This post is also available in: עברית (Hebrew)
A new type of electric, fixed-wing drone has achieved a world record for time in the air using thrust. The drone is a next-generation observation, intelligence, and analytics platform.
The K1000 ULE Rev-P, from Kraus Hamdani Aerospace, or KHA, completed a non-stop 26-hour flight under continuous thrust – a world record for an electric drone in its size and weight category.
Comparable drones flying up to 20,000 feet above sea level boast a much lower endurance time under thrust, about 5 to 8 hours or so. Larger drones flying at much higher altitudes—where there is less gravity and air resistance—can stay up longer. But for smaller drones—which are harder for radars to pick up—staying aloft for long at 20,000 feet is very energy-intensive, hence the lower endurance.
The 16-foot-wingspan drone has a Beyond Line of Sight (BVLOS) operational range, and is operational in GPS denied environments.
The company has no plans to try and arm the drone, but an all-electric drone with that endurance could still have big effects on the battlefield, not only collecting intelligence, surveillance, and reconnaissance data, but also potentially serving as a communication link between objects on the battlefield, according to defenseone.com.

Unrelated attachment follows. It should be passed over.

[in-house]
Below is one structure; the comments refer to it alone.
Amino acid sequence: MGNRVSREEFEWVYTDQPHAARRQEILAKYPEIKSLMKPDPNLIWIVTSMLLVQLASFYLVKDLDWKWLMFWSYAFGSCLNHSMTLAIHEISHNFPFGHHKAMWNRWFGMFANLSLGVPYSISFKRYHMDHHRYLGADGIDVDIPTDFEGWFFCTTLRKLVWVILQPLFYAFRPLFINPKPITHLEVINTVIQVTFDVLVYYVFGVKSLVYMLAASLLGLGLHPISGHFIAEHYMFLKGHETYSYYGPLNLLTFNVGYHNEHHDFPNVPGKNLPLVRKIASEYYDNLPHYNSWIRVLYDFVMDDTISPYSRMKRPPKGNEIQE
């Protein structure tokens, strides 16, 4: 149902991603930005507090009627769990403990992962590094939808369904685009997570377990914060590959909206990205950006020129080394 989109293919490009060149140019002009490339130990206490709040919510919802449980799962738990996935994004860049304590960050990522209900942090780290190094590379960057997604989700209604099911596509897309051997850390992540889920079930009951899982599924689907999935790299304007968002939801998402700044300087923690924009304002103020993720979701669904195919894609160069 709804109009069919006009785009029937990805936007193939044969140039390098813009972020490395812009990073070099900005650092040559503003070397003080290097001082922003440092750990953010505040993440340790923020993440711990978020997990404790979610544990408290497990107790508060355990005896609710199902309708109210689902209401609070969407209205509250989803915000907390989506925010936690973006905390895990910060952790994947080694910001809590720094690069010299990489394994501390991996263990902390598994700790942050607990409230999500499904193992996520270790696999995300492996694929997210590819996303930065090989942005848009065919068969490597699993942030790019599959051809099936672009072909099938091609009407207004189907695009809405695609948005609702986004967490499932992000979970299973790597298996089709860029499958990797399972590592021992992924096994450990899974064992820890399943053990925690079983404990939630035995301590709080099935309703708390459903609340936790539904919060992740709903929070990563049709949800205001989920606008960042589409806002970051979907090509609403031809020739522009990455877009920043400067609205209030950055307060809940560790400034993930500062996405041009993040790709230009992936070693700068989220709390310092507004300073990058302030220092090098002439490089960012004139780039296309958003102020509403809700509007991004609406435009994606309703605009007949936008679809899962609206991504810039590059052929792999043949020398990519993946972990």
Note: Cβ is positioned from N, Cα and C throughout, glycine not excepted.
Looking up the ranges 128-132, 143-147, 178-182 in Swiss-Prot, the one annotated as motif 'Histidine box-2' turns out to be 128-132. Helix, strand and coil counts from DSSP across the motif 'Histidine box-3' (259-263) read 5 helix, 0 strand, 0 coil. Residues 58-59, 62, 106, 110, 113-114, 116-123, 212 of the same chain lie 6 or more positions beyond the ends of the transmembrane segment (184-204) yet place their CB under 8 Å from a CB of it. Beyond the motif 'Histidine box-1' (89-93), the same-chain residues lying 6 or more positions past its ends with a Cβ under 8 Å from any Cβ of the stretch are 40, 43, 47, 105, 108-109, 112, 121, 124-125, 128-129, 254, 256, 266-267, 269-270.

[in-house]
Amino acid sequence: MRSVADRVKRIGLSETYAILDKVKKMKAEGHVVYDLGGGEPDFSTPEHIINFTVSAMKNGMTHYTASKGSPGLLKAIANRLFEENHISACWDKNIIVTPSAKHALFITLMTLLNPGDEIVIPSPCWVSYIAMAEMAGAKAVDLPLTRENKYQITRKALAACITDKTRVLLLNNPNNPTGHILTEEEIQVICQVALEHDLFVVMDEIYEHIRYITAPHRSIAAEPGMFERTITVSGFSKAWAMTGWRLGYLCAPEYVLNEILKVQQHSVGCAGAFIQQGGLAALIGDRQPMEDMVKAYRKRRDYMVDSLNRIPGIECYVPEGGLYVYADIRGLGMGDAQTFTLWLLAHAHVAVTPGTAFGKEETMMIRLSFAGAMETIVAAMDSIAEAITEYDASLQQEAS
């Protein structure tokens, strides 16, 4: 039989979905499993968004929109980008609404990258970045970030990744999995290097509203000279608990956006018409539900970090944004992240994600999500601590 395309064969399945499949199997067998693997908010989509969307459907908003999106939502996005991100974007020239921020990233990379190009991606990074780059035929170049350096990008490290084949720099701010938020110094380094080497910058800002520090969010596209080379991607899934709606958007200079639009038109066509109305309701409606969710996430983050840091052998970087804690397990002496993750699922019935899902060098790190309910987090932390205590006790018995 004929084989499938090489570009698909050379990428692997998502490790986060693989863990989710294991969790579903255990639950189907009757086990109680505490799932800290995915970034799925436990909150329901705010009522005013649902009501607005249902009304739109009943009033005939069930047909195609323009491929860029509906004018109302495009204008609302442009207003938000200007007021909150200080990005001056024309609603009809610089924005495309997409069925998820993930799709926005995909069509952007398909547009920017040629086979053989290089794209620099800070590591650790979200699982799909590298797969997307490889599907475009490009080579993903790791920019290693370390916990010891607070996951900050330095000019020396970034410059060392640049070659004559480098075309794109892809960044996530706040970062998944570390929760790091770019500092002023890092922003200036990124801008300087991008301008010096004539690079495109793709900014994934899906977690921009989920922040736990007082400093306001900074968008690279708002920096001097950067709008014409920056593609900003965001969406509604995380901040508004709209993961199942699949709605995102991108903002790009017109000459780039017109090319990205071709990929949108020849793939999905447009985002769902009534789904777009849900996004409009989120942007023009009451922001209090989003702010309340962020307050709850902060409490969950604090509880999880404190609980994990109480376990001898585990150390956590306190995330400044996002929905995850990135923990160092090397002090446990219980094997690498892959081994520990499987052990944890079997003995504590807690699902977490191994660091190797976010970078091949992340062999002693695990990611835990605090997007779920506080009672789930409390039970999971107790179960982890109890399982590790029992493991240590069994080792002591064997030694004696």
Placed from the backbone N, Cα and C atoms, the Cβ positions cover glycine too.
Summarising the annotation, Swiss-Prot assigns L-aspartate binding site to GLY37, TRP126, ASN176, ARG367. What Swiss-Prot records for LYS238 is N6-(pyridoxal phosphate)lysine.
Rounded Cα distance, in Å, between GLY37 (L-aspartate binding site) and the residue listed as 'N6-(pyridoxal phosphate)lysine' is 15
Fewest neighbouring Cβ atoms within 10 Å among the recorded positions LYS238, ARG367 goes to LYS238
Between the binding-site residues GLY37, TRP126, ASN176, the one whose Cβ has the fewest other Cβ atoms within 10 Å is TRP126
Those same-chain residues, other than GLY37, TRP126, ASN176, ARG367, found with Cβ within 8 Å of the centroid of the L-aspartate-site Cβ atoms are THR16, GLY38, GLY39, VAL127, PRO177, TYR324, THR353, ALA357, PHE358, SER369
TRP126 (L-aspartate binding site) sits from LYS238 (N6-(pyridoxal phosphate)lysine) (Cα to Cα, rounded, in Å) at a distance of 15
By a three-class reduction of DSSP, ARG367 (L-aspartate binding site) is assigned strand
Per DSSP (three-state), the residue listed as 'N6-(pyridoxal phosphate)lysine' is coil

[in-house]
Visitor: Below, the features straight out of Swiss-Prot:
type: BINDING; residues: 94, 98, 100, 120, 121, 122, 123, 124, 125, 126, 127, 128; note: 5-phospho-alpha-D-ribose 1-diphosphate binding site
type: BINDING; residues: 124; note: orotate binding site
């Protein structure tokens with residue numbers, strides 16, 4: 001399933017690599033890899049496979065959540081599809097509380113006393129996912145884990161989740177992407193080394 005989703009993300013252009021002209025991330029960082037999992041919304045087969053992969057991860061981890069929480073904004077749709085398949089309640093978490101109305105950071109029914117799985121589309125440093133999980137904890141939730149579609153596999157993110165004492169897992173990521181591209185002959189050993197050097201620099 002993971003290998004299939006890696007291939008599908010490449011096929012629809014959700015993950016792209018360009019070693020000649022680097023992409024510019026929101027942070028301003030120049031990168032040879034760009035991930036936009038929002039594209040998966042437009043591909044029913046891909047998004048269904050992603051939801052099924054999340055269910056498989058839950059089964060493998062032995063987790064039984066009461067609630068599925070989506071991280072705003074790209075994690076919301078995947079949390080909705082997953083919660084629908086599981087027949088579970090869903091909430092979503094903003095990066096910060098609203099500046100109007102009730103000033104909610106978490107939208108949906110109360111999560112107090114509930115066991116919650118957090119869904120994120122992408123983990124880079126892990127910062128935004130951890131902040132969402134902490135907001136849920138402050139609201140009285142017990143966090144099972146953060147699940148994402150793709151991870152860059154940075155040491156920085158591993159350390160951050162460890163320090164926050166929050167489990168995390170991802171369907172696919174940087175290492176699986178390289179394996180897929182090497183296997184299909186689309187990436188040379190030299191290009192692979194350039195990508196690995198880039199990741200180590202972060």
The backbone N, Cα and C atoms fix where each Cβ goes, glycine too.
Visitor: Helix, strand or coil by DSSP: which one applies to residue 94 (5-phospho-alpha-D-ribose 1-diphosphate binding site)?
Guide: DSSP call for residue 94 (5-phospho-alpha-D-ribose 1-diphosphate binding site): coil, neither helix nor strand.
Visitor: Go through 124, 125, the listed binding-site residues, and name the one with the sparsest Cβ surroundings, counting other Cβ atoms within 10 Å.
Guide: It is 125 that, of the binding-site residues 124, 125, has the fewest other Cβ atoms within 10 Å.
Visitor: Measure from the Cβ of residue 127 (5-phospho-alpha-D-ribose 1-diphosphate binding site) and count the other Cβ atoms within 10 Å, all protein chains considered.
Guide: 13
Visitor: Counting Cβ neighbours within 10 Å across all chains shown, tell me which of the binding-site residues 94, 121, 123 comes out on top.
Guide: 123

It could serve as a sort of cell tower in the sky, as a link between Low Earth Orbit satellites and ground forces, or as an electronic warfare asset to block or disrupt adversary communications.
The breakthrough comes as the U.S. military and the Army in particular struggles with connecting an ever-wider array of weapons, vehicles, and objects on the battlefield, part of an overall vision for transforming and accelerating operations called Joint All-Domain Command and Control, or JADC2.
The military is also grappling with how to extend its range over the vast distances of the Pacific Ocean and do so with limited runway space as it prepares to counter China.
The company said it plans to take part in the U.S. Army’s next Project Convergence exercise set for later this summer.